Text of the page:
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A round up of the top countryside, conservation, wildlife and forestry stories as chosen by the CJS Team.


New Active Spaces partnership will protect open spaces and tackle physical inactivity across the UK - Fields in Trust

A new Fields in Trust protection programme will create a legacy of 50 permanently safeguarded outdoor spaces across the UK and tackle physical inactivity. The Active Spaces programme funded by The London Marathon Charitable Trust will protect recreational land and encourage people, particularly the most inactive communities, to participate in physical activity, sport and play.

This is the first UK-wide funding programme delivered by The London Marathon Charitable Trust. The innovative Active Spaces partnership will safeguard the future of green spaces across the UK The Trust has set aside £675,000 in 2017/18 to safeguard 50 green spaces in perpetuity and to fund activation programmes on those sites. Through the partnership with Fields in Trust, the green spaces will be protected from development by funding from The Trust. In addition, each site will be awarded a grant of up to £5,000 by The Trust to fund programmes that inspire the local community to get active. Programmes can include any activity including walking, cycling or coaching on the use of outdoor gym equipment.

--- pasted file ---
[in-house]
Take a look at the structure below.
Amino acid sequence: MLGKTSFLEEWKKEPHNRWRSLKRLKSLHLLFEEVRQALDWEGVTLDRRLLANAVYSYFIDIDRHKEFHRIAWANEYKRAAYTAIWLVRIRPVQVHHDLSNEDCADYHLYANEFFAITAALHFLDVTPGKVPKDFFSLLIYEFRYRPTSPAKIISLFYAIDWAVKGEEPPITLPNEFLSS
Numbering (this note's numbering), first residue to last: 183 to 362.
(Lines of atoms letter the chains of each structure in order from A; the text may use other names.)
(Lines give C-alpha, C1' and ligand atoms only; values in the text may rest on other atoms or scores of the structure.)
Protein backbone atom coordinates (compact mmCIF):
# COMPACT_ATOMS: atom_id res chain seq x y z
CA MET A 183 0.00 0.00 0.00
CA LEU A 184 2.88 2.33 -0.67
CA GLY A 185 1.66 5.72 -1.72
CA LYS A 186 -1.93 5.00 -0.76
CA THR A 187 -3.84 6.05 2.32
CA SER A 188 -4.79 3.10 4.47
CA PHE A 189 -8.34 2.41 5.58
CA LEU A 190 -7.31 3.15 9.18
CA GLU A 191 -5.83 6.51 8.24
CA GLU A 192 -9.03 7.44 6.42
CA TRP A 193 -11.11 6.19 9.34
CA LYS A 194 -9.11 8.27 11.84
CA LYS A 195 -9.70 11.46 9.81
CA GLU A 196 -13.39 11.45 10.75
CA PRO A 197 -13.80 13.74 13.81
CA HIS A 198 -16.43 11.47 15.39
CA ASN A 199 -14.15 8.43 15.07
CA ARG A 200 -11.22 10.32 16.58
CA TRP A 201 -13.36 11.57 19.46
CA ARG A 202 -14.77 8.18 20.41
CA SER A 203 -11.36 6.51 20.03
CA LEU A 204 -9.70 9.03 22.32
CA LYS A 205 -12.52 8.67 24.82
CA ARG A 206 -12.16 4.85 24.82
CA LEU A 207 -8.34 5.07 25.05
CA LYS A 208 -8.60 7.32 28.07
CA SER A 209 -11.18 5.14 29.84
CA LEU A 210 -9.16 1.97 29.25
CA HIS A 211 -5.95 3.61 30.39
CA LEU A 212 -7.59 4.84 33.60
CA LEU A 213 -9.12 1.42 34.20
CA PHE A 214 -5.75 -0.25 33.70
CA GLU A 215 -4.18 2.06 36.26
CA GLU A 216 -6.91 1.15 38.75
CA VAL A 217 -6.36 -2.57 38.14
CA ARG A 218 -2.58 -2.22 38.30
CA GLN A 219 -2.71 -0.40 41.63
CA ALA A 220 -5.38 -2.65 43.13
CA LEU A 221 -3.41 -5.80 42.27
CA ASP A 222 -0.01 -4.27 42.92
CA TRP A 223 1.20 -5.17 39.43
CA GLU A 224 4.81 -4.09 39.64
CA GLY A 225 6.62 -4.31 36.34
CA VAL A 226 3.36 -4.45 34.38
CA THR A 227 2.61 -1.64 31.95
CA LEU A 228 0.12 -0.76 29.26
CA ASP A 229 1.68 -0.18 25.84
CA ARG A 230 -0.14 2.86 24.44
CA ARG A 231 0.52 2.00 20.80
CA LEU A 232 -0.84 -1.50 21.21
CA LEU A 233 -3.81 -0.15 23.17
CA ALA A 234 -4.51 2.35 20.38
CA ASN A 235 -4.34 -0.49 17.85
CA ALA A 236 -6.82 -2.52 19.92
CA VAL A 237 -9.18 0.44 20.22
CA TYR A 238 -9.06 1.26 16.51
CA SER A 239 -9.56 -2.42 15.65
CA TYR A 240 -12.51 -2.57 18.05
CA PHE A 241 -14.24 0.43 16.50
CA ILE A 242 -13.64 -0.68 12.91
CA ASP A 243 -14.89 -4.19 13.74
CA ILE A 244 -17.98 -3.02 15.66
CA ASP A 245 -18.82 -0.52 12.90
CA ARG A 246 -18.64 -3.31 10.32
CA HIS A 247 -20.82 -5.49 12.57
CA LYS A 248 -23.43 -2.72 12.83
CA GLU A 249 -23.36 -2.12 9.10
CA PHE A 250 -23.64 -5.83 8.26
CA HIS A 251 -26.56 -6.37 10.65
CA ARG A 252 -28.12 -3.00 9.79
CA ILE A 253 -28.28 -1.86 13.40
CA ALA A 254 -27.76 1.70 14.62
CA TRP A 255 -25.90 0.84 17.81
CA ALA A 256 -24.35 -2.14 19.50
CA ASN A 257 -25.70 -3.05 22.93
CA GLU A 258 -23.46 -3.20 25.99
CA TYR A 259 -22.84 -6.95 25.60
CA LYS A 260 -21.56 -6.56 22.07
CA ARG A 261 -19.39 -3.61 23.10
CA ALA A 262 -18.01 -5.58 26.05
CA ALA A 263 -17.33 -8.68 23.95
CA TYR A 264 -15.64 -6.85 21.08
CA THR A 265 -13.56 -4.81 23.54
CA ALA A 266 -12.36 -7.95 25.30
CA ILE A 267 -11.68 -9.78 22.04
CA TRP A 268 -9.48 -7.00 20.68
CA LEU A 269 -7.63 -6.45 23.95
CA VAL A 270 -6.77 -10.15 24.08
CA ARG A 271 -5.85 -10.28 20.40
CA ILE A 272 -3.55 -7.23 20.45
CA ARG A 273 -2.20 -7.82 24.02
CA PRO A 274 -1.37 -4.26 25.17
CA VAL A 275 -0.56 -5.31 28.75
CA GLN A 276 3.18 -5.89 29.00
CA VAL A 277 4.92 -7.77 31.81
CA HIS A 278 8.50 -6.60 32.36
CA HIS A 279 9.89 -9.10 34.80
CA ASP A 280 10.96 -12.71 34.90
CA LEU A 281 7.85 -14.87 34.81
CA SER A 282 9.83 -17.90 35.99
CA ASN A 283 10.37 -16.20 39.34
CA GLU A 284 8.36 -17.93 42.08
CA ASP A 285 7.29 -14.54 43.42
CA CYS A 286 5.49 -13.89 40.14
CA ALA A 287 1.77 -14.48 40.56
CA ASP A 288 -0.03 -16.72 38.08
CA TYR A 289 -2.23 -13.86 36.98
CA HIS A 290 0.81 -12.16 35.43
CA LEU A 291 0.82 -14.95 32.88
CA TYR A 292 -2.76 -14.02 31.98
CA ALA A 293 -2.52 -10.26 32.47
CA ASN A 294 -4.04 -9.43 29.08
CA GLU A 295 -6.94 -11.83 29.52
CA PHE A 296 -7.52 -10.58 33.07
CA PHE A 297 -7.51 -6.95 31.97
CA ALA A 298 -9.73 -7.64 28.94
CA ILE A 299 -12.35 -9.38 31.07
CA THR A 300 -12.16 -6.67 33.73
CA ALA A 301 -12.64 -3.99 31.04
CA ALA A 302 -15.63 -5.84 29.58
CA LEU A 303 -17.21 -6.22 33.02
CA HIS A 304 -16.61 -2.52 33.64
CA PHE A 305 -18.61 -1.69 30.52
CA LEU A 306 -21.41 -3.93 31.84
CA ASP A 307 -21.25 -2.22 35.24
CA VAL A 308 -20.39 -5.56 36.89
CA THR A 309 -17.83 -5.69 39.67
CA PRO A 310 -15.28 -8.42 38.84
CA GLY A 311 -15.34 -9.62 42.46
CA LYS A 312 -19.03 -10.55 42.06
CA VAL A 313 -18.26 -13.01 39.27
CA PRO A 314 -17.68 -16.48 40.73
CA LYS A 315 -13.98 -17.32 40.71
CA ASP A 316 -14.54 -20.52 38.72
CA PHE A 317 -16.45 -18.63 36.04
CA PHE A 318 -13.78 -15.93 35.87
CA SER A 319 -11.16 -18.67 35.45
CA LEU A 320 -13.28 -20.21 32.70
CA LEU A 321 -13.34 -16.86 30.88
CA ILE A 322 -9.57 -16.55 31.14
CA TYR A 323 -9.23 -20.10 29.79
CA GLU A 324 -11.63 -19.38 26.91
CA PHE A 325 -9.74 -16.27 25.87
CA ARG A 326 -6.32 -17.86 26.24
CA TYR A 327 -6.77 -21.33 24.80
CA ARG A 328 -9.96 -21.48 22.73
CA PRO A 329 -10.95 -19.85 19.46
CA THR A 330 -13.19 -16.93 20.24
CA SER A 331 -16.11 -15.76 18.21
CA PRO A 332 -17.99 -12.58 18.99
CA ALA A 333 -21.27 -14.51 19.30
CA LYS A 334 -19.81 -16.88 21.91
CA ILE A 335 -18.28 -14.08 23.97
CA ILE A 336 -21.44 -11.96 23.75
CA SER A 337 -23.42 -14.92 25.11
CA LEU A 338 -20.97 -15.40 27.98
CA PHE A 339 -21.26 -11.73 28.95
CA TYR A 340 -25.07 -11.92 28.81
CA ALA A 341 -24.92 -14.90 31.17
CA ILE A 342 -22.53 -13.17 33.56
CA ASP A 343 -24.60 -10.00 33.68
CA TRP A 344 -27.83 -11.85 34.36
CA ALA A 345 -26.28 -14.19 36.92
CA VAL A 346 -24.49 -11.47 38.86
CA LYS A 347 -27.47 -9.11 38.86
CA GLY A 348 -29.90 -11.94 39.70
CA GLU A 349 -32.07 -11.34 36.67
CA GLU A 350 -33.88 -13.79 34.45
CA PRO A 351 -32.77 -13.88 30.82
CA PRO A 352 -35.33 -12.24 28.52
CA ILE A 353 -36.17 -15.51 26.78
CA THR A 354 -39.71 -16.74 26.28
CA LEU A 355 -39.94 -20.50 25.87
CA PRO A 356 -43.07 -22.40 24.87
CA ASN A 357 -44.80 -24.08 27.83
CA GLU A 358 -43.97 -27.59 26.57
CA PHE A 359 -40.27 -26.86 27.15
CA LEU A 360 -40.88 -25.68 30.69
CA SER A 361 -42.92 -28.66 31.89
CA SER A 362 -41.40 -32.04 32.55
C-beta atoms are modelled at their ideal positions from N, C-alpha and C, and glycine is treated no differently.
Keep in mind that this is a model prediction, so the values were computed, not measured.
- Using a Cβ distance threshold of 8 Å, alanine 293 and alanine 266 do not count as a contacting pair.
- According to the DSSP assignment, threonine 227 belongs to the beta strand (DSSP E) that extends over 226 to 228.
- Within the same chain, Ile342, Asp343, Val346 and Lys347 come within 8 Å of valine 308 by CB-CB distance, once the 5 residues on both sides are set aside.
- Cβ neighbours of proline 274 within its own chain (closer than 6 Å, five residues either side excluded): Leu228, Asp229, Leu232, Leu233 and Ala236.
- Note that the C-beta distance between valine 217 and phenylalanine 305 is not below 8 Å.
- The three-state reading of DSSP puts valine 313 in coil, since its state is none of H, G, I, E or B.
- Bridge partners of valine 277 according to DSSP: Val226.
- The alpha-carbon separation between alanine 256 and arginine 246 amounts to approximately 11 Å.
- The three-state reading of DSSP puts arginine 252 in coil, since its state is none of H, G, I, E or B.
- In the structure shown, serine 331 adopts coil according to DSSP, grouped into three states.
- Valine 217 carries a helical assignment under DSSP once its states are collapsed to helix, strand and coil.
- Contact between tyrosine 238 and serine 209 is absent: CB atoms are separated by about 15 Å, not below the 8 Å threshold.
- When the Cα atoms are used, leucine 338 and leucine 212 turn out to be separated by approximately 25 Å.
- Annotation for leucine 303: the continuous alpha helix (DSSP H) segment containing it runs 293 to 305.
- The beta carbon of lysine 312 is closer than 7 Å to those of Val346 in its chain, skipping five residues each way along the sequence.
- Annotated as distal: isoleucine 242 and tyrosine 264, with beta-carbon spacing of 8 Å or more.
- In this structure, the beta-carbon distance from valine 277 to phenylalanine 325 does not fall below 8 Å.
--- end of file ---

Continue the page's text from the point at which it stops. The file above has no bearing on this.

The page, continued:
One chosen site in each home nation (England, Northern Ireland, Scotland and Wales) which demonstrates the most significant impact will receive a major grant of £25,000 for its activation programme.  Landowners and communities across the UK can now apply online to protect a site and to secure funding for activation programmes. Sites will be selected for support following an assessment of the proposed activation programme.

Find out more and apply online to protect a site. 


Litter raises money for local charities - Keep Scotland Beautiful

Our latest report shows that a social experiment to tackle littering in Paisley has helped to clean up the town centre streets and raised hundreds of pounds to support local good causes.

The innovative project, undertaken on behalf of The Wrigley Company, and Renfrewshire Council, set out to test visitors to the town centres’ littering behaviours. Members of the public were encouraged to use specially branded bins which highlighted the good causes that were set to benefit if they disposed of their rubbish in them.

The experiment, undertaken over a 15-week period, monitored the existing litter levels in the area before installing the highly visible charity branded bin wraps. It then put local people to the test to see if they would use the bins more frequently if a good cause was set to benefit.  A 16% increase in litter being collected was reported and surveys in the local area also found that 61% of people felt that making bins more prominent would increase usage.

Our Chief Executive commented, “Keep Scotland Beautiful recently reported that local environmental quality throughout Scotland is deteriorating. We all have a shared responsibility to do more collectively and individually to protect our local environments. By focussing on preventing litter being dropped in the first instance this reduces the need to clean up a local area. This innovative project is a perfect example of how we can encourage more people to carefully consider their littering behaviour and make it easy for them to do the right thing.”


Feasibility study: translocation of species for the establishment or protection of populations in northerly and/or montane environments - Scottish Natural Heritage publications